5- Social engagement!
There is a growing epidemic of loneliness in our modern societies because people tend to interact more digitally than physically with one another. When you are face to face with someone you are exposed to their pheromones, to the electrical signals of their brain, to their smells (which is not always a good thing!!!), to the oxytocin hormone that they release when you hug them, touch them, or shake their hand. You simply cannot simulate or replace this with digital interaction. In truth, you need a certain amount of physical exchange and communication with real people. In the blue zones, they eat together, drink red wine, they laugh, they get louder, they play card games, dominos, or board games together and have a fully emotional, physical and social interaction. I said they drink together… this must be explained. Drinking one alcoholic drink a day for women and two drinks for men is acceptable. For example, if you drink some organic red wine with no pesticides, it is full of antioxidants and polyphenols that are beneficial to your health. In general, people in the blue zones drink in moderation and usually wine, so don’t feel guilty about enjoying your glass of red wine.
A word of caution! At the time of writing this post, social distancing, mask-wearing, no physical contact and limited gathering are the norm.
One of the most powerful ways of increasing your longevity is to eat less. Whether you skip a meal, do intermittent fasting or fasting, eating less equates to improving your lifespan.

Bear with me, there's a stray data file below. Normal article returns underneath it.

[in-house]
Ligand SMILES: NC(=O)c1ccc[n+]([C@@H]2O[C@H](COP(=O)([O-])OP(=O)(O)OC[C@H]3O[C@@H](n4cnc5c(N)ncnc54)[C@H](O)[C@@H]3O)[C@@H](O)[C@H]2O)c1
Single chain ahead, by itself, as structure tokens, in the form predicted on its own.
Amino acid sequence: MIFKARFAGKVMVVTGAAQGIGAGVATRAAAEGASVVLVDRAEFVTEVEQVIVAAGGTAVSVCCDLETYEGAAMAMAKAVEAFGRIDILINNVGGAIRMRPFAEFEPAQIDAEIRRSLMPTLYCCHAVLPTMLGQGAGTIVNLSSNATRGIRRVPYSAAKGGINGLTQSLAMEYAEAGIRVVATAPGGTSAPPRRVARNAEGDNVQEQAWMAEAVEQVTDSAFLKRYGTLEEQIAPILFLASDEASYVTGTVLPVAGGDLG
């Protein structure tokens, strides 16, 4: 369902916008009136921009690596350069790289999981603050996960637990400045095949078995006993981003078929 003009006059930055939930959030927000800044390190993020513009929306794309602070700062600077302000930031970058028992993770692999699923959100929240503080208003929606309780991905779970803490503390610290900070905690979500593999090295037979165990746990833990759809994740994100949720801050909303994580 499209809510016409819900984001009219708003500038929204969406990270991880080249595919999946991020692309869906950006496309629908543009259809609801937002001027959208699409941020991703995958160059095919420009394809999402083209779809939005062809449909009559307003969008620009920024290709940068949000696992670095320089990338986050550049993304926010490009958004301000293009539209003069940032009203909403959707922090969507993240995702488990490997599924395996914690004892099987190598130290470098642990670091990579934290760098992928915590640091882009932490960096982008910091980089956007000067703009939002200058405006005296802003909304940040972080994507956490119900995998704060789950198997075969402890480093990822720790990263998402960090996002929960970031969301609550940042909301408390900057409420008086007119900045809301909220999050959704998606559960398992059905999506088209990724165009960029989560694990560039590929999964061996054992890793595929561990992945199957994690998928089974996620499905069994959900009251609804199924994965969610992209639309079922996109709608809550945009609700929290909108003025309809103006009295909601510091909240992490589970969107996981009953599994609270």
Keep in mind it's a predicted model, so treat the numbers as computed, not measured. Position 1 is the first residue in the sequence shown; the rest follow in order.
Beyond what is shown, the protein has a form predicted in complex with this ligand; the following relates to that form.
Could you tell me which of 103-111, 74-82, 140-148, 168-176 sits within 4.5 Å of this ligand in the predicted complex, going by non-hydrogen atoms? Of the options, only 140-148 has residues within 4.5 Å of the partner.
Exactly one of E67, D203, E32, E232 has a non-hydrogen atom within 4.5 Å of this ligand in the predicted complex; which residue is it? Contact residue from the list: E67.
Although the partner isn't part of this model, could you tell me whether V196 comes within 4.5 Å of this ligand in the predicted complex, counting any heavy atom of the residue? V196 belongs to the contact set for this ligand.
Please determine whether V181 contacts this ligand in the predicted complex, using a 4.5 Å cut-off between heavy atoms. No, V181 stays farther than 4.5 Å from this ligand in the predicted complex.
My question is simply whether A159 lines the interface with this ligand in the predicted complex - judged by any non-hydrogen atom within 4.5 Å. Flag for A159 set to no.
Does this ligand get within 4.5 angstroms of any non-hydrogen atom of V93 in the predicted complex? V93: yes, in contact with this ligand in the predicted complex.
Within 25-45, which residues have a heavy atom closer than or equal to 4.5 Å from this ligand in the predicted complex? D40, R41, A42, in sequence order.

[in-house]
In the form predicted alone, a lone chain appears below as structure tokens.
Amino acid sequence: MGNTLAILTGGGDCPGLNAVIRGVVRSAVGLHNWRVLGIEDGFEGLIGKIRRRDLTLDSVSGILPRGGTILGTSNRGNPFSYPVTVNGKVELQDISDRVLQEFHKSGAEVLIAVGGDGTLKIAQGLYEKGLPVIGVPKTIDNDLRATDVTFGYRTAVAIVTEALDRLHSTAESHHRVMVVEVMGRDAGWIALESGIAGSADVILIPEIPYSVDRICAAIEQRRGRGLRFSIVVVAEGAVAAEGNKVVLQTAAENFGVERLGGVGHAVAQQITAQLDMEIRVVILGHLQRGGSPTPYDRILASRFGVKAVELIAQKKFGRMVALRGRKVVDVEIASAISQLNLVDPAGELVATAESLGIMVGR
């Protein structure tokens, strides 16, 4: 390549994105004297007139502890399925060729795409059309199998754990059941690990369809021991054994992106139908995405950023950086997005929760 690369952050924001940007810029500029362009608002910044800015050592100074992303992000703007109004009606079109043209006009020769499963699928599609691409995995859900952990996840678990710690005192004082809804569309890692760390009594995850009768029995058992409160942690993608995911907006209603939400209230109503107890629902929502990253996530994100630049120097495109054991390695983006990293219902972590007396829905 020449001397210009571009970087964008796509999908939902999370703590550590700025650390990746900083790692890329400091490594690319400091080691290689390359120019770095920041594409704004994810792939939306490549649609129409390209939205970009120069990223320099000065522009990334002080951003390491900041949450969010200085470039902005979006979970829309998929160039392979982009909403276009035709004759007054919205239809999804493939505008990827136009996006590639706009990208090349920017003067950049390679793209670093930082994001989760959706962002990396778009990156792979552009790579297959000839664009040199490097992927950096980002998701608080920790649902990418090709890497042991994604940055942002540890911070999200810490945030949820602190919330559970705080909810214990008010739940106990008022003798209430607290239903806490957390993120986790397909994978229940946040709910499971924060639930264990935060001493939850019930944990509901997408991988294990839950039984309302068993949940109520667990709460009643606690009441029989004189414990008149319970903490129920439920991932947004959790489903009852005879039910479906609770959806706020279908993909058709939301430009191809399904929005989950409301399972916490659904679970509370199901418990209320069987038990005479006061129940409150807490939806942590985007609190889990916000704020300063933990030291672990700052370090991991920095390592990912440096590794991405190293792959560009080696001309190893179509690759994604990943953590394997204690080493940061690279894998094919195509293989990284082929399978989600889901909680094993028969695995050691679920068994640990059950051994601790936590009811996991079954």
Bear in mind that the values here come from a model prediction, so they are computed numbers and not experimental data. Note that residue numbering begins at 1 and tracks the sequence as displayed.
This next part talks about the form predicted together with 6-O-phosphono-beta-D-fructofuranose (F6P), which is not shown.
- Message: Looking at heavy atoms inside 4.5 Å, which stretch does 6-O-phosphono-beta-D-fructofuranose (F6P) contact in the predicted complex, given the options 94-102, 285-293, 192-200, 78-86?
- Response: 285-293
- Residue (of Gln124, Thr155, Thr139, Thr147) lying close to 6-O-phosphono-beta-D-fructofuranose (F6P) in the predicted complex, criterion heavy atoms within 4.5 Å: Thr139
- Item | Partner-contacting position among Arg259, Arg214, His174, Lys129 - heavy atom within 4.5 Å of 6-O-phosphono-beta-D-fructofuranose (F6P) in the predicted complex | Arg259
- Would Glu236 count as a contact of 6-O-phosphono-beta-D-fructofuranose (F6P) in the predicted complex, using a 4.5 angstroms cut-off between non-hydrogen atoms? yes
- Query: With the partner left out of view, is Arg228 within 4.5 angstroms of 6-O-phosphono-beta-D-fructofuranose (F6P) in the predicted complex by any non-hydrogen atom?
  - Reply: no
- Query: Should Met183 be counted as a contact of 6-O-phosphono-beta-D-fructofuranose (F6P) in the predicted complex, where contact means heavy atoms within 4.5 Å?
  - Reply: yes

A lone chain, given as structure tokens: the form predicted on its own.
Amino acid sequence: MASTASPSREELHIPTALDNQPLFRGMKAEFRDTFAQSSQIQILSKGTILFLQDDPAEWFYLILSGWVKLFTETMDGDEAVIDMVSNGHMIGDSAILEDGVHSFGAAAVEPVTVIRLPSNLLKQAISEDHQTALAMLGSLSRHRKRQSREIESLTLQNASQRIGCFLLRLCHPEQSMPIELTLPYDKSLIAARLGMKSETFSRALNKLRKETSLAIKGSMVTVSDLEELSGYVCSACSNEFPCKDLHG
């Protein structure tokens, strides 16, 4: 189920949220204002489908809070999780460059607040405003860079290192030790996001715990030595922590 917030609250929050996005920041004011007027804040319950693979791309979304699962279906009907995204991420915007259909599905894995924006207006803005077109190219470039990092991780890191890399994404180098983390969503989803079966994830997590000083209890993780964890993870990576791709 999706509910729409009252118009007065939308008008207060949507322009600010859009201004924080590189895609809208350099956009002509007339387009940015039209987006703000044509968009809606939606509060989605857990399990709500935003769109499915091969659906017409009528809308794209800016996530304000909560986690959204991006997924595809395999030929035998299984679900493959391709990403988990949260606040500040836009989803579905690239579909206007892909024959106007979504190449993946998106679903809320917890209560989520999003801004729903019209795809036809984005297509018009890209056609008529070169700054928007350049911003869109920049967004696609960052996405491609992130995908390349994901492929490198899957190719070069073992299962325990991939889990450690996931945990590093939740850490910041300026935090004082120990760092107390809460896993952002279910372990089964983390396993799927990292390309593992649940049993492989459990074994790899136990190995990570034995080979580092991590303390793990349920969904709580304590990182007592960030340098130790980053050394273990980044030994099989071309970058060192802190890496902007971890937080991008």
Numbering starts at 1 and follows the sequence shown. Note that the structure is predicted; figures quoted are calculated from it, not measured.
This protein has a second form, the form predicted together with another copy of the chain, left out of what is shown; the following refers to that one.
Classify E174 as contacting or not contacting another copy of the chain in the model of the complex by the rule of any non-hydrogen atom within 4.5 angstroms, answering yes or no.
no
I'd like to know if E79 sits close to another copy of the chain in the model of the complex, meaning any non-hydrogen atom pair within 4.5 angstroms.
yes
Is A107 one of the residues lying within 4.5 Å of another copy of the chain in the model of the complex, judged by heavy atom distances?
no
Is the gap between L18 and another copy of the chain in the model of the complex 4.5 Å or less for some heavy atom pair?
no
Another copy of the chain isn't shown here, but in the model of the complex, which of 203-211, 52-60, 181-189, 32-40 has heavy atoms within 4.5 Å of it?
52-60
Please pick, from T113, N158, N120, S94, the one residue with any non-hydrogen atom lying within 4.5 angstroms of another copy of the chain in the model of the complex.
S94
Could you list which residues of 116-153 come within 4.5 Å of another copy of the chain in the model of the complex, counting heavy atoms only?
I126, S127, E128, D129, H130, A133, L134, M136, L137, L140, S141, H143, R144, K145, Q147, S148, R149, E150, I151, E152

Fasting is the wilful refraining from eating for a period of time. After 12 hours without eating the body goes into a phase called cellular autophagy. This autophagy is a cleanup procedure of cellular debris, a clear out of old cells and a renewal of the body. Fasting or intermittent fasting is not a calorie restriction diet but more a window of time in which you do not eat at all. Some of the most popular intermittent fasting techniques are 12 to 16 hours without eating and, for the more seasoned fasters, 24 hours is quite common. In many cultures and religions, fasting is not only synonymous with cleansing or purifying your body but also it is a time to develop your mental clarity and perhaps a certain connection to a higher power. Fasting has many health benefits such as improving your immune system & brain function, speeding up your metabolism, helping to stabilize your hunger, aiding in weight loss, and most importantly improving your longevity.
It’s essential to have a good reason to get up in the morning. My mantra is…”I, Pedro Gracia endeavour to inspire people to live a joyful, healthy and fulfilling life until they are 100 or more..” This one sentence sums what my purpose or mission in life is. So when the going gets tough, when I am stressed or feeling low, when I lose track of my purpose, when life itself becomes overwhelming, this single sentence will remind me what it’s all about.
In the blue zone, people seem to have a mission, a sense of belonging to a larger community, some sort of motivation or vision, that keeps them going. Very few feel tired, almost all of them live their lives, getting up out of bed every single day and living with a purpose.
So how do you find your purpose or Ikigai ( Japanese term for life purpose)?